Are the Justices “liberals” and “conservatives”?

Yesterday’s post prompted an eminent Wisconsin attorney to contact me with an objection to the use of the terms “liberal” and “conservative” to characterize justices on the Wisconsin Supreme Court.  Here are the portions of his argument that I can quote while shielding his identity:

Characterizing the justices as liberal or conservative, however, is no longer an apt description, if it ever truly was.  Our Supreme Court is not populated by conservatives and liberals, but by Republicans and Democrats.  They follow party lines.  Some of those lines can be described as liberal or conservative, but most are purely political.  [Next, as evidence, he suggested the court’s recent decision in County of Dane et al v. Public Service Commission of Wisconsin.]  This [case] presented no issues that could be described as conservative or liberal.  But it did involve a prominent Republican, Michael Huebsch.  The court split with Republicans on one side and Democrats on the other.  . . . That case was just one more in what’s becoming a long line of politically motivated rulings.  Covid restrictions aren’t matters of conservative or liberal thought.  Nor are ballot lock boxes.  These are political questions.  It’s time that analysts, reporters and commentators began to use terms to describe the court and its justices that are more accurate.  Over the last 15 years, our Supreme Court has become politicized.  That is a very dangerous thing.  The public will not perceive the danger if we engage in verbal cleansing.  The justices, for the most part, represent political parties, not philosophies.  I urge you to refer to them as they are, not as we hoped they’d be.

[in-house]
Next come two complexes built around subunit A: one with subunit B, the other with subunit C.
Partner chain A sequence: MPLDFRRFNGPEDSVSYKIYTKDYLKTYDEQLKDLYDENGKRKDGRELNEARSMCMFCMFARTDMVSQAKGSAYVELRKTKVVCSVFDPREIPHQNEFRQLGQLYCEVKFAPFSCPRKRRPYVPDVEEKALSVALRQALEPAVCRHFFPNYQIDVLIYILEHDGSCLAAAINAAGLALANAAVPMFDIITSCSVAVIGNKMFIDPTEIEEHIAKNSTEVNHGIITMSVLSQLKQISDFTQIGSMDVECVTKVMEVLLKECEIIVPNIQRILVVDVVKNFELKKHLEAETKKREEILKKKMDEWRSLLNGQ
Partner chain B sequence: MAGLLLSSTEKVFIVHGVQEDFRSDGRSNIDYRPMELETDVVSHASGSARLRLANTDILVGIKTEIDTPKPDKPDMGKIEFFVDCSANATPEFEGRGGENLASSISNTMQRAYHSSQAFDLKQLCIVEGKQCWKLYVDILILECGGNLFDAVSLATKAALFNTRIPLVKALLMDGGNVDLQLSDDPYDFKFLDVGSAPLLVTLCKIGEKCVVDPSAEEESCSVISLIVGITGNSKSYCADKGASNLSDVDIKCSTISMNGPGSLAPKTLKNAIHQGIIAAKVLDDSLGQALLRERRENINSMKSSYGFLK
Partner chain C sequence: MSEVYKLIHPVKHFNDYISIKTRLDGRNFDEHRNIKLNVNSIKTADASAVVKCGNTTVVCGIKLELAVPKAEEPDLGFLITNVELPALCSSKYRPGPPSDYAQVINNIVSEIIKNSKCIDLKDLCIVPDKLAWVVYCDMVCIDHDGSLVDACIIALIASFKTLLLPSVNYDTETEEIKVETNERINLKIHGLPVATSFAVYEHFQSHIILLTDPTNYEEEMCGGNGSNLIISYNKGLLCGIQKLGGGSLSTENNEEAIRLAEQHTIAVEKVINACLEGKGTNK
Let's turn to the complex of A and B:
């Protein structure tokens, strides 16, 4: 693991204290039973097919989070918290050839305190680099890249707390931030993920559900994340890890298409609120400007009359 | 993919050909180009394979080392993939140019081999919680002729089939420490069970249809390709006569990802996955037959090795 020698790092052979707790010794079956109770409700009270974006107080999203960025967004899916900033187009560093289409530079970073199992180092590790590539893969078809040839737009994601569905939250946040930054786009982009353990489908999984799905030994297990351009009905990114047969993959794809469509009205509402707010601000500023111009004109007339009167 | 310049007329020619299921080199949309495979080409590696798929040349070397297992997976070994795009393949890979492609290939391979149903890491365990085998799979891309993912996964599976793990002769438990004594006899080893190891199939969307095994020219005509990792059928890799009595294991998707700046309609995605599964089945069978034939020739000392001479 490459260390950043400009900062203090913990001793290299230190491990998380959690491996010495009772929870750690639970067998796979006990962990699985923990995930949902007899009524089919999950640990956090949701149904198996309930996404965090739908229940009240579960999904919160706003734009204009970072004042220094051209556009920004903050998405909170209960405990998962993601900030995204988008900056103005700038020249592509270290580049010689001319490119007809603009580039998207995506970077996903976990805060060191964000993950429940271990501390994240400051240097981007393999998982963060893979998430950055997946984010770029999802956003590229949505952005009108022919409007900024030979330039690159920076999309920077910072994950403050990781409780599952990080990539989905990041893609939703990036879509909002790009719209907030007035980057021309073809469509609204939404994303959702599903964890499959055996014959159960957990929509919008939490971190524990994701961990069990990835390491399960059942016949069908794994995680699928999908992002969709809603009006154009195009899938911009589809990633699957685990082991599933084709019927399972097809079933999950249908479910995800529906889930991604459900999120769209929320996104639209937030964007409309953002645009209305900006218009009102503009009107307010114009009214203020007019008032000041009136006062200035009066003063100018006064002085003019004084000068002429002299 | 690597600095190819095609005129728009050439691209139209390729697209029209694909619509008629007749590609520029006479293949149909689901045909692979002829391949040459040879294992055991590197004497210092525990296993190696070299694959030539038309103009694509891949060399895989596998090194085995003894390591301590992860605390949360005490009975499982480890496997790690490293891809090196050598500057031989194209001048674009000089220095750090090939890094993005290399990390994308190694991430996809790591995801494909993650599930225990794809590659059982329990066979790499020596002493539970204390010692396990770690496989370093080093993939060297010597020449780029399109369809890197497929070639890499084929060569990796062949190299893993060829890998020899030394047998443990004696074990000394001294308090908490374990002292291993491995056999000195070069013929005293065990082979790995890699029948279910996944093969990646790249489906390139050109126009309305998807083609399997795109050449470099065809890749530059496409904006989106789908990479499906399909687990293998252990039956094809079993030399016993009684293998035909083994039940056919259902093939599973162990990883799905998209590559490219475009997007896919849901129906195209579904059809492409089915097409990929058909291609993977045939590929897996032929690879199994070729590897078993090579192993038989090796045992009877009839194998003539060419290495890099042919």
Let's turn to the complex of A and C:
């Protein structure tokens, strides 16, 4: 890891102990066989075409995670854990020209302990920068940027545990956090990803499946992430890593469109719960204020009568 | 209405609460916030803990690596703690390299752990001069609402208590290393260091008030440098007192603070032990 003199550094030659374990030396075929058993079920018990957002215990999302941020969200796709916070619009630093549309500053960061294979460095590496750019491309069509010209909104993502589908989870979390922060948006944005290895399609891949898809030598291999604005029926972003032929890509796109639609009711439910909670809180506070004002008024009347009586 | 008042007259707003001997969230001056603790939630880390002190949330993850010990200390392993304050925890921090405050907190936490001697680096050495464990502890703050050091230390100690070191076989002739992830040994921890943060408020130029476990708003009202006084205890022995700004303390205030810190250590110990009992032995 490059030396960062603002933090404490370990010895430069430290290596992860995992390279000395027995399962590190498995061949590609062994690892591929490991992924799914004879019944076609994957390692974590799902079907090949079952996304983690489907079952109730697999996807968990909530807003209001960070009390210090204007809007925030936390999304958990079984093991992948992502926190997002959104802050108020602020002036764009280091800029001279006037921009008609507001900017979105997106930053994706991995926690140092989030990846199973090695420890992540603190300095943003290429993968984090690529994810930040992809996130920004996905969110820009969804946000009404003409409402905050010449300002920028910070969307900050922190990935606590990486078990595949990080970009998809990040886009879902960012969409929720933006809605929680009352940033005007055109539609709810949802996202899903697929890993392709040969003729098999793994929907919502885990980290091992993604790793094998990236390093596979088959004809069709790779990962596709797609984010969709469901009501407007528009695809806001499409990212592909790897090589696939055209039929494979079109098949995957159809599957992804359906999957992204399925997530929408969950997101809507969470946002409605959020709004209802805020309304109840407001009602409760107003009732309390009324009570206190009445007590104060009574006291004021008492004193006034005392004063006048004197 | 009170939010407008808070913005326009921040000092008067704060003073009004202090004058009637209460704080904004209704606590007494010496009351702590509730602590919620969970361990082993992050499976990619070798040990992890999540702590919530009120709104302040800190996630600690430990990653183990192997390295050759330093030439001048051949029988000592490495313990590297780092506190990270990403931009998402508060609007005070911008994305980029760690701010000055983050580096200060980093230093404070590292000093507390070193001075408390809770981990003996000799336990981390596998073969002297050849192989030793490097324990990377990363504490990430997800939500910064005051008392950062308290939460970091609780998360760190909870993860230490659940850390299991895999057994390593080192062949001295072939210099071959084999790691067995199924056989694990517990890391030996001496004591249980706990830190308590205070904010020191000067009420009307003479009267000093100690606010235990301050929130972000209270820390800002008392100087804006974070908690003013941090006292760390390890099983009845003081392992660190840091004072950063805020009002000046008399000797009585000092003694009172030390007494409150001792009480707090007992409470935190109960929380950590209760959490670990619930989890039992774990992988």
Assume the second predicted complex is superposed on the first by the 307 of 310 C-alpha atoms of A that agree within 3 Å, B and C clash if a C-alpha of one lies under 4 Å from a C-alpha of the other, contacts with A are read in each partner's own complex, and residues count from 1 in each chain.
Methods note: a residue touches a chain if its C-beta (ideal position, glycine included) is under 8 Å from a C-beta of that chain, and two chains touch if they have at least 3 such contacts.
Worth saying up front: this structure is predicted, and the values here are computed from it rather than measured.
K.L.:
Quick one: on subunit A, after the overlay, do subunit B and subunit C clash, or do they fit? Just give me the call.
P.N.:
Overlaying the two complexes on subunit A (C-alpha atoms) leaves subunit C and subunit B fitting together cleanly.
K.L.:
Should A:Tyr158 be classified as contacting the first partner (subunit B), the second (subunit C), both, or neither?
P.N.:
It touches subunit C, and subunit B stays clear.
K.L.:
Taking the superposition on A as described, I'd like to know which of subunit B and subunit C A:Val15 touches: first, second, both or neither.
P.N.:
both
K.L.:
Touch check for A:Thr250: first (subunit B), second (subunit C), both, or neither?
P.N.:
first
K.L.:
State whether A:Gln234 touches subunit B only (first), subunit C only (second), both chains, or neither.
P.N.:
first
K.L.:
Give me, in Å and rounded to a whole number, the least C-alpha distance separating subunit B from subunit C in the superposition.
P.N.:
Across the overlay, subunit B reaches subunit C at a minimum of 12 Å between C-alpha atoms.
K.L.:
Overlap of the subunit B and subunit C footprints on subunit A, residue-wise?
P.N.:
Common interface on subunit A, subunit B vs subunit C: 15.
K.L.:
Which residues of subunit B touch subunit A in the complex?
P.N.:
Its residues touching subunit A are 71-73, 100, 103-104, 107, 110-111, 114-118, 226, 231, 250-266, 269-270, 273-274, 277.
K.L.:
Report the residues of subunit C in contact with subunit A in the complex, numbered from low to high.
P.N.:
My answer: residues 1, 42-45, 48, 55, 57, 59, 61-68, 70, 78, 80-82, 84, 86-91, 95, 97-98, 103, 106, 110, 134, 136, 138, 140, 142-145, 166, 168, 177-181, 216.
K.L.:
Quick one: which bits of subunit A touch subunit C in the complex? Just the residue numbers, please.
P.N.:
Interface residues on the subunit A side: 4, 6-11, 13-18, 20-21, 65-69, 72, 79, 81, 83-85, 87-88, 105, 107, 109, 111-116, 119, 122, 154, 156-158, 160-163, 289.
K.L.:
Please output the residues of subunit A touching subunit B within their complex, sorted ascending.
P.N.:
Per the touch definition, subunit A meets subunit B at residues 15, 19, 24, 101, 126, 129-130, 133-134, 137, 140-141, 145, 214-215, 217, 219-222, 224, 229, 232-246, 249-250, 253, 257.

Meanwhile, and independent of the comment above, a prominent retired appellate attorney offered this thought after summarizing yesterday’s post: “I prefer ‘leftist’ and ‘rightist’ to ‘liberal’ and ‘conservative,’ believing as I do that the former terms are more descriptive these days.”

It’s difficult to write posts without using labels, but, of course, the convenience that they offer comes with some loss of precision.  Any pair of labels—“liberal” and “conservative,” “Democratic” and “Republican,” or “leftist” and “rightist”—will mean different things to different people, and it’s not clear to me how best to proceed.  I’m using “liberal” and “conservative” for now because they seem a bit more tactful (and the alternatives have problems of their own), but if readers can offer discussion or guidance, I’d be grateful.


About Alan Ball

Alan Ball is a Professor of History at Marquette University in Milwaukee, WI.

SCOWstats offers numerical analysis of the voting by Wisconsin Supreme Court justices on diverse issues over the past 95 years.

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